VPU proof of concept Ingenic JZ4770
Lately I've tried to get to the second (AUX) core of the Ingenic JZ4770 in the GCW Zero. This is part of the VPU (Video Processing Unit) and not really documented, so this was the result of quite some trial and error. But after clocking down the AHB1 bus to 166MHz I was suddenly able to reliably run code on the extra core. The interesting thing about the VPU in the JZ4770 is that it simply runs MIPS code like the main core (albeit at half clock rate) and not another "secret" ISA.
The repository contains source for the tests in
src/tests, the code for the AUX core is in
src/firmware. Build instructions are provided in
README.md in the repository.
Here comes an overview of the current test cases.
The first proof of concept for running code on the AUX core. Firmware is loaded an executed that updates values at specified locations in memory. The main core polls for this change and displays the result.
Loading code... Firmware size: 112 Executing code... Result: 87654321 TCSM0 87654321 87654322 87654323 87654324 87654325 87654326 87654327 87654328 87654329 8765432a 8765432b 8765432c 8765432d 8765432e 8765432f 87654330
Shows a moving pattern written by VPU directly to the framebuffer. It appears that the VPU can read and write directly from and to any physical address.
Shows using an interrupt for completion notification. This test does a memory benchmark (details of the memory area can be configured in test4_p1.h).
Allocated physical memory buffer at 0eca0000 Loading code... Firmware size: 124 Executing code... Completion token: deadcafe Elapsed time: 4.00s Total writes: 400.00MB Write rate: 99.92MB/s
The VPU has three DMA engines: GP0 GP1 and GP2. In my experiments it appears that only the third (GP2) can be used to copy to main memory. The DMA engines can copy 2D surfaces which means that the length of a row and the source and destination stride can be supplied. They take a task list, so multiple commands can be queued at the same time.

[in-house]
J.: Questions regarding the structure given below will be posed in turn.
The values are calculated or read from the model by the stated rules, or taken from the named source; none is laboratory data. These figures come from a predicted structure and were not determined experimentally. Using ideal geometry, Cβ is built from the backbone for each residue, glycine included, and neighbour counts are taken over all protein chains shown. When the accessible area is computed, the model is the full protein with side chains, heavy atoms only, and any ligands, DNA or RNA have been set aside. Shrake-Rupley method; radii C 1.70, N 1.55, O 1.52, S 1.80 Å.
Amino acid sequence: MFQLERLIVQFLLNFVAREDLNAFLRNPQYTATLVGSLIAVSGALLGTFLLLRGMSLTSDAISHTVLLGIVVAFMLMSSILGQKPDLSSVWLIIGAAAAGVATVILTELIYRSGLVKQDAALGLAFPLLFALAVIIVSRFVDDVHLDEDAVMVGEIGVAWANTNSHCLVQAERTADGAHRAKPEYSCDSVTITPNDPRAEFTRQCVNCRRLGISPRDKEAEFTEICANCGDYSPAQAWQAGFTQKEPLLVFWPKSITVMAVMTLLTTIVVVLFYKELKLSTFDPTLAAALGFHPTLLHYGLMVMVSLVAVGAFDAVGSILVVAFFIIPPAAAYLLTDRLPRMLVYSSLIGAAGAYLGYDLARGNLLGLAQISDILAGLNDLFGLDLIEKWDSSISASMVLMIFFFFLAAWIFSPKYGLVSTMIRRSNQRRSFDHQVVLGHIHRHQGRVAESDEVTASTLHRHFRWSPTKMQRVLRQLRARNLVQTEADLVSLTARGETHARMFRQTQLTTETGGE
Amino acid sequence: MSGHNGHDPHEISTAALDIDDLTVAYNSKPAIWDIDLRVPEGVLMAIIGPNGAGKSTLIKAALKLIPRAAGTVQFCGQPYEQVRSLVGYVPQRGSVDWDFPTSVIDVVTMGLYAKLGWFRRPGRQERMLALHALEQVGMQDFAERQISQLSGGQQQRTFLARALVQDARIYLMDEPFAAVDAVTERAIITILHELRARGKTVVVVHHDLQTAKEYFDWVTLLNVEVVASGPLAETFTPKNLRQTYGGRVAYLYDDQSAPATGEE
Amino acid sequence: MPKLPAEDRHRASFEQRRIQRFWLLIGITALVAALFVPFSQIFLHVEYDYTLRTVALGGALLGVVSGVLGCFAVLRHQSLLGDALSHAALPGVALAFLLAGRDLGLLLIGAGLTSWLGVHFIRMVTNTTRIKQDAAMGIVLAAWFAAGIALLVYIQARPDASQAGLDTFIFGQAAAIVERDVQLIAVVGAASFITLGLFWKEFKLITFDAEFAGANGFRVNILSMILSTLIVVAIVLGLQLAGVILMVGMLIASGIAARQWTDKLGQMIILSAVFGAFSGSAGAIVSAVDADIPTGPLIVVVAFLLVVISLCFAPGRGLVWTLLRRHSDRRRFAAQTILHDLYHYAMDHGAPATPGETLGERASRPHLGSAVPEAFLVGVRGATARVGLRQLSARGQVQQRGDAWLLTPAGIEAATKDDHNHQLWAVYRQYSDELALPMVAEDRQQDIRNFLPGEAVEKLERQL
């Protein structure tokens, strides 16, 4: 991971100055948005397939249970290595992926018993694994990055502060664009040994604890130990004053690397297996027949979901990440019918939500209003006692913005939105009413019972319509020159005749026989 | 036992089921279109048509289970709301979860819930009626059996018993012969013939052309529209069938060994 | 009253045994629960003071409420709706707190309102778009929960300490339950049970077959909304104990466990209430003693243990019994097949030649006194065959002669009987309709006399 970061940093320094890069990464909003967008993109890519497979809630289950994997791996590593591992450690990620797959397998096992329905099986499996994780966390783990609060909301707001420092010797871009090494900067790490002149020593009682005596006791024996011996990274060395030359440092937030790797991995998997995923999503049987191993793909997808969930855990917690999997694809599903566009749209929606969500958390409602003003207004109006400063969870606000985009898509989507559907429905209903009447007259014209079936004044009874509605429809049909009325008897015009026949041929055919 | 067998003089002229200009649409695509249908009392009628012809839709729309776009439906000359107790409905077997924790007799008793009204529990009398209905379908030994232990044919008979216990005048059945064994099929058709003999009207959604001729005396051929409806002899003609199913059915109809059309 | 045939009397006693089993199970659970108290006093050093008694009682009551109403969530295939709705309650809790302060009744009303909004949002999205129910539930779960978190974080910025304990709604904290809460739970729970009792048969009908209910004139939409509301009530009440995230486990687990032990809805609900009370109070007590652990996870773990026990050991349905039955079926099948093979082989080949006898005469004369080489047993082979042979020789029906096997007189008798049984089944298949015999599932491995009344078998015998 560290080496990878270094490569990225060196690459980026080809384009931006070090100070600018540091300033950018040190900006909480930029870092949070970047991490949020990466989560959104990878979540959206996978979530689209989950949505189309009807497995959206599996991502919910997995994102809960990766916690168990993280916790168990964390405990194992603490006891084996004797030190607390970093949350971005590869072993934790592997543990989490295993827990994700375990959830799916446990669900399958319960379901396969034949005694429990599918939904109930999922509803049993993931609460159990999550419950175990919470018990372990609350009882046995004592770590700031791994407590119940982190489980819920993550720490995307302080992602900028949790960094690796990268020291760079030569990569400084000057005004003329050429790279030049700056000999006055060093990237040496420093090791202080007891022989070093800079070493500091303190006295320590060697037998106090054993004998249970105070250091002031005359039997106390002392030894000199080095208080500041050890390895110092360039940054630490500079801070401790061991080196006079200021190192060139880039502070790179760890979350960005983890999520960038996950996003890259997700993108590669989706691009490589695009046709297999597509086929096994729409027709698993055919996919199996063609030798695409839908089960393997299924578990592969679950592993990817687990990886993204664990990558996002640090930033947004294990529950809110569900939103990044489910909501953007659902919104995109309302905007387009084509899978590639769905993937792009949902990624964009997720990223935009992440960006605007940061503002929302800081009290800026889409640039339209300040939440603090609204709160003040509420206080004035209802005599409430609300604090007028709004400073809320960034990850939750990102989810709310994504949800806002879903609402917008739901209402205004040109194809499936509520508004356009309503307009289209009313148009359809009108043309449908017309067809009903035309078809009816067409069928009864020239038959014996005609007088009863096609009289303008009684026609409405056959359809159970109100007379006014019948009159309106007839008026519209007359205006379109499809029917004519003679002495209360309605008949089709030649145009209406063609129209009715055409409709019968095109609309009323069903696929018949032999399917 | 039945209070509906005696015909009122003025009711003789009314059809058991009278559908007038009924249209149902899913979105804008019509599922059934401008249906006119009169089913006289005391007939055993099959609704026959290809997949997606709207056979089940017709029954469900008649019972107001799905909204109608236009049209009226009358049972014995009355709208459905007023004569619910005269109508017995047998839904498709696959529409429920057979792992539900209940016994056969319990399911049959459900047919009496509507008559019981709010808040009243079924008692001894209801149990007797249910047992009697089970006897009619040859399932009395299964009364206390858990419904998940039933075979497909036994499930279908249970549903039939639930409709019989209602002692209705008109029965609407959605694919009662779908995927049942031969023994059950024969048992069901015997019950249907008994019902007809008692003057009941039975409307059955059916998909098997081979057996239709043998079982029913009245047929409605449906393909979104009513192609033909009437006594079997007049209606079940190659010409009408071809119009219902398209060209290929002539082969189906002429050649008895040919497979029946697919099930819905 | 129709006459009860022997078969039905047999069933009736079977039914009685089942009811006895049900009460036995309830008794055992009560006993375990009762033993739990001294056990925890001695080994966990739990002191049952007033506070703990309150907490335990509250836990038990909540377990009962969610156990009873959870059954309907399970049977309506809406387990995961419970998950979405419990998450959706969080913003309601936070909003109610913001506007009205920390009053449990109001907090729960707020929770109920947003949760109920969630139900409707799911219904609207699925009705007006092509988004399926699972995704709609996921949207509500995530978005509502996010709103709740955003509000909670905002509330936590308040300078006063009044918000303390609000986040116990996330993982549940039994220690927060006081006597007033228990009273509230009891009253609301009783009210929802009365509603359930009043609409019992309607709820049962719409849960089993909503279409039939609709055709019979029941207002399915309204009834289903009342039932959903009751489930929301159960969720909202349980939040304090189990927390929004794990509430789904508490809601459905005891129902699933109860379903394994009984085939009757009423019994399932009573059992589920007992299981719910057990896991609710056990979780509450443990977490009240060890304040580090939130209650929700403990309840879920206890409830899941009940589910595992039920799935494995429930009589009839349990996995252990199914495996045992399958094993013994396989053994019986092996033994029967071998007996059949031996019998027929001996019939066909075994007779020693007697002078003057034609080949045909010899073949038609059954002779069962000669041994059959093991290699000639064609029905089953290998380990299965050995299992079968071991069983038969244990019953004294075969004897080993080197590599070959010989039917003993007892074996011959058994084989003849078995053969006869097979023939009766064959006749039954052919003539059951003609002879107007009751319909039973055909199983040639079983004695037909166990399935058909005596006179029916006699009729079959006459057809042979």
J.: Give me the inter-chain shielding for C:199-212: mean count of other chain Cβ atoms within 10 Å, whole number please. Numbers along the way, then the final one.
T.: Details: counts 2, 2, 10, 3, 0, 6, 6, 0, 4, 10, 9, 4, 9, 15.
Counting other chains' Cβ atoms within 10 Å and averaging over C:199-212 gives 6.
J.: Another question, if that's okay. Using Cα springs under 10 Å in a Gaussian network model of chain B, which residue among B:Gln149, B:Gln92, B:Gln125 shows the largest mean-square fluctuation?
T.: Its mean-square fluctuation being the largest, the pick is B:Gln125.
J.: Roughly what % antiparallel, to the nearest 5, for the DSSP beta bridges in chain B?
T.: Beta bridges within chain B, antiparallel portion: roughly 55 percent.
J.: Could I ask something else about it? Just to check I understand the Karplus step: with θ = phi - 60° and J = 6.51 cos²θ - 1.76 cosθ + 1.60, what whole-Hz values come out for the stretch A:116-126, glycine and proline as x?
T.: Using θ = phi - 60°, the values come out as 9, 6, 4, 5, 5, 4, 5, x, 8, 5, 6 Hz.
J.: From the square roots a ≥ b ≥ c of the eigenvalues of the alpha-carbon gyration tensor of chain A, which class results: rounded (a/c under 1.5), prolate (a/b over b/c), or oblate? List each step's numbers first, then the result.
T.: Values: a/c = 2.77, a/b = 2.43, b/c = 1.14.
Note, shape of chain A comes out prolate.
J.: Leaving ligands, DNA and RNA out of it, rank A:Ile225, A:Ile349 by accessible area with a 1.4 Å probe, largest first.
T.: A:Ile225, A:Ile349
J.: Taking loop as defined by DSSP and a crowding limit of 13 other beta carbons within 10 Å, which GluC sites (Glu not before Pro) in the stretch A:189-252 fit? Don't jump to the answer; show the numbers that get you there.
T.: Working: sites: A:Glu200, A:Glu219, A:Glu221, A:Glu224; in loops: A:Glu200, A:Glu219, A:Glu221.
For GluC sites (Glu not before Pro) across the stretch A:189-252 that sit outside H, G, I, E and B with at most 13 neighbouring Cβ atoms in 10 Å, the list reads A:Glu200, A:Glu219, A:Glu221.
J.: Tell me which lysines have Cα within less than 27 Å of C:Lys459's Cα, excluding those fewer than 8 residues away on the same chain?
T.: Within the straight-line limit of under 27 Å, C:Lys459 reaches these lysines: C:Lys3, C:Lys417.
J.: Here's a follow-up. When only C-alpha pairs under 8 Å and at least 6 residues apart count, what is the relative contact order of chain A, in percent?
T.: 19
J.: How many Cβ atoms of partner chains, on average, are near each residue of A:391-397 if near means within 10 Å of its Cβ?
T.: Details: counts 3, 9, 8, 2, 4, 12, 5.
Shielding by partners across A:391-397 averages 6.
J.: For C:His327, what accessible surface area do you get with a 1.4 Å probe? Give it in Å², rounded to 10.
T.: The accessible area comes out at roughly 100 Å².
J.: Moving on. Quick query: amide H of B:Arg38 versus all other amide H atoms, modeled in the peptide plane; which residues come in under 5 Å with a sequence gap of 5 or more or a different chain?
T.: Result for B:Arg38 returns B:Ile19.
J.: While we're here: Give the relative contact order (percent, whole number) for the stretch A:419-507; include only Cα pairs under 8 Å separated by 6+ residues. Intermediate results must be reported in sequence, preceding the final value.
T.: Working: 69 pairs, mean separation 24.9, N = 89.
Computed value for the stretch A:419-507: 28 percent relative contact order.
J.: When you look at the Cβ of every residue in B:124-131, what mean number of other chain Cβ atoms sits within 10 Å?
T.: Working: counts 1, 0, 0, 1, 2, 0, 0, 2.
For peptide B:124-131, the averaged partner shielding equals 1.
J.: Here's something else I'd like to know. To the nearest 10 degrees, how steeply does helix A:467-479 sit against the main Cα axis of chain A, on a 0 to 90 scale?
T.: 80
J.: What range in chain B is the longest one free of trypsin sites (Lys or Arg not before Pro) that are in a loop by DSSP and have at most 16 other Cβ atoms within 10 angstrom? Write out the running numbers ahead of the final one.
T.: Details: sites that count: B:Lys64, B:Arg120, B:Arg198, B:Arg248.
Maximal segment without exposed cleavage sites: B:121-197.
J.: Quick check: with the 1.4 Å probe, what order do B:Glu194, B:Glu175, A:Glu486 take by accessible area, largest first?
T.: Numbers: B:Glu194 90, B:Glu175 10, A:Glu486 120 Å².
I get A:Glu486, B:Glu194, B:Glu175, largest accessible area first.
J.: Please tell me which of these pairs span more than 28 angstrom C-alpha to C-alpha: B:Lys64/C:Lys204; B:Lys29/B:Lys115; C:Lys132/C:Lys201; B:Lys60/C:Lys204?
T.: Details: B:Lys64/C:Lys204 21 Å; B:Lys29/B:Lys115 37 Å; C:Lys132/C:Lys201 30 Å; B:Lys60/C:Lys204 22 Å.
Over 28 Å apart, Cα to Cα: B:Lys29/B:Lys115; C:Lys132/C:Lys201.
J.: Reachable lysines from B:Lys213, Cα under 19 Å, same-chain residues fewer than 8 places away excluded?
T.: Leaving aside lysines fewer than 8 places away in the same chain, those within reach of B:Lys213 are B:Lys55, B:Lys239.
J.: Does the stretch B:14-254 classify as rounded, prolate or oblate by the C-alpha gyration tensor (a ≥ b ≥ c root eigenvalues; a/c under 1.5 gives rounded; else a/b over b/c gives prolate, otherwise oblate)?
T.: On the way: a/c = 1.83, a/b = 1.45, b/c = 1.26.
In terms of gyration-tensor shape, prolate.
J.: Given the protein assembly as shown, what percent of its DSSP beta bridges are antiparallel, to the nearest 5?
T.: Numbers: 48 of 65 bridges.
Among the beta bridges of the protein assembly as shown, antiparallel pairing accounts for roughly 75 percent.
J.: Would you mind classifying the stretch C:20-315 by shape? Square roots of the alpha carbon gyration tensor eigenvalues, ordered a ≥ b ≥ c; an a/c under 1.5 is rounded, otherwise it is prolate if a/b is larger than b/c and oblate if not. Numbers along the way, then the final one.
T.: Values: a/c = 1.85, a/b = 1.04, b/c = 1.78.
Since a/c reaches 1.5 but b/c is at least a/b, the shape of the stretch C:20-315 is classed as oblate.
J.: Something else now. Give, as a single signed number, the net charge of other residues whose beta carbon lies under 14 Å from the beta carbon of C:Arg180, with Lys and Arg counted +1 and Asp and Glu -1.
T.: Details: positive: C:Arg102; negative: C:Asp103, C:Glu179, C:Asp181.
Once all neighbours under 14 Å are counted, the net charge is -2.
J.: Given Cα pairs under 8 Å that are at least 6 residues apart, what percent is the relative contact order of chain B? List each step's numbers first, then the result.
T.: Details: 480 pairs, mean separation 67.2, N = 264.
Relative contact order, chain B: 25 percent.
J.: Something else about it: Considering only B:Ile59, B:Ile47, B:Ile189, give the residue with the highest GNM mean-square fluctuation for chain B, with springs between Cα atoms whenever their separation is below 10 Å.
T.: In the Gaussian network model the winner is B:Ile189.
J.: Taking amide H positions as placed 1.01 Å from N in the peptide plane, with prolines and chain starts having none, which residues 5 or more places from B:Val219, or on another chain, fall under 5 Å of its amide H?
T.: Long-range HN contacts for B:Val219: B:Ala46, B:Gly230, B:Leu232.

This test case generates a 64x64 pattern in SRAM, then creates a task list that tiles it to the framebuffer with a single DMA invocation. Output:
Allocated physical memory buffer at 0eca0000 Loading code... Firmware size: 496 Executing code... Bytes 0e70 Task 11 End=0 Bytes 0f88 Task 14 End=0 Bytes 0f60 Task 15 End=0 Bytes 0e98 Task 16 End=0 Bytes 0e20 Task 17 End=0 Bytes 0d30 Task 18 End=0 Bytes 0c40 Task 19 End=0 Bytes 0000 Task 19 End=1 Completion token: b01dface Elapsed time: 0.00s
With these capabilities it looks like the VPU could be used for offloading some tasks in games, even ignoring the video-specific hardware blocks. A developer-friendly framework around it would be useful, but for now I don't have time to do anything beyond these basic proof of concepts. If you'd like to use this or pick up from here and have any questions, let me know.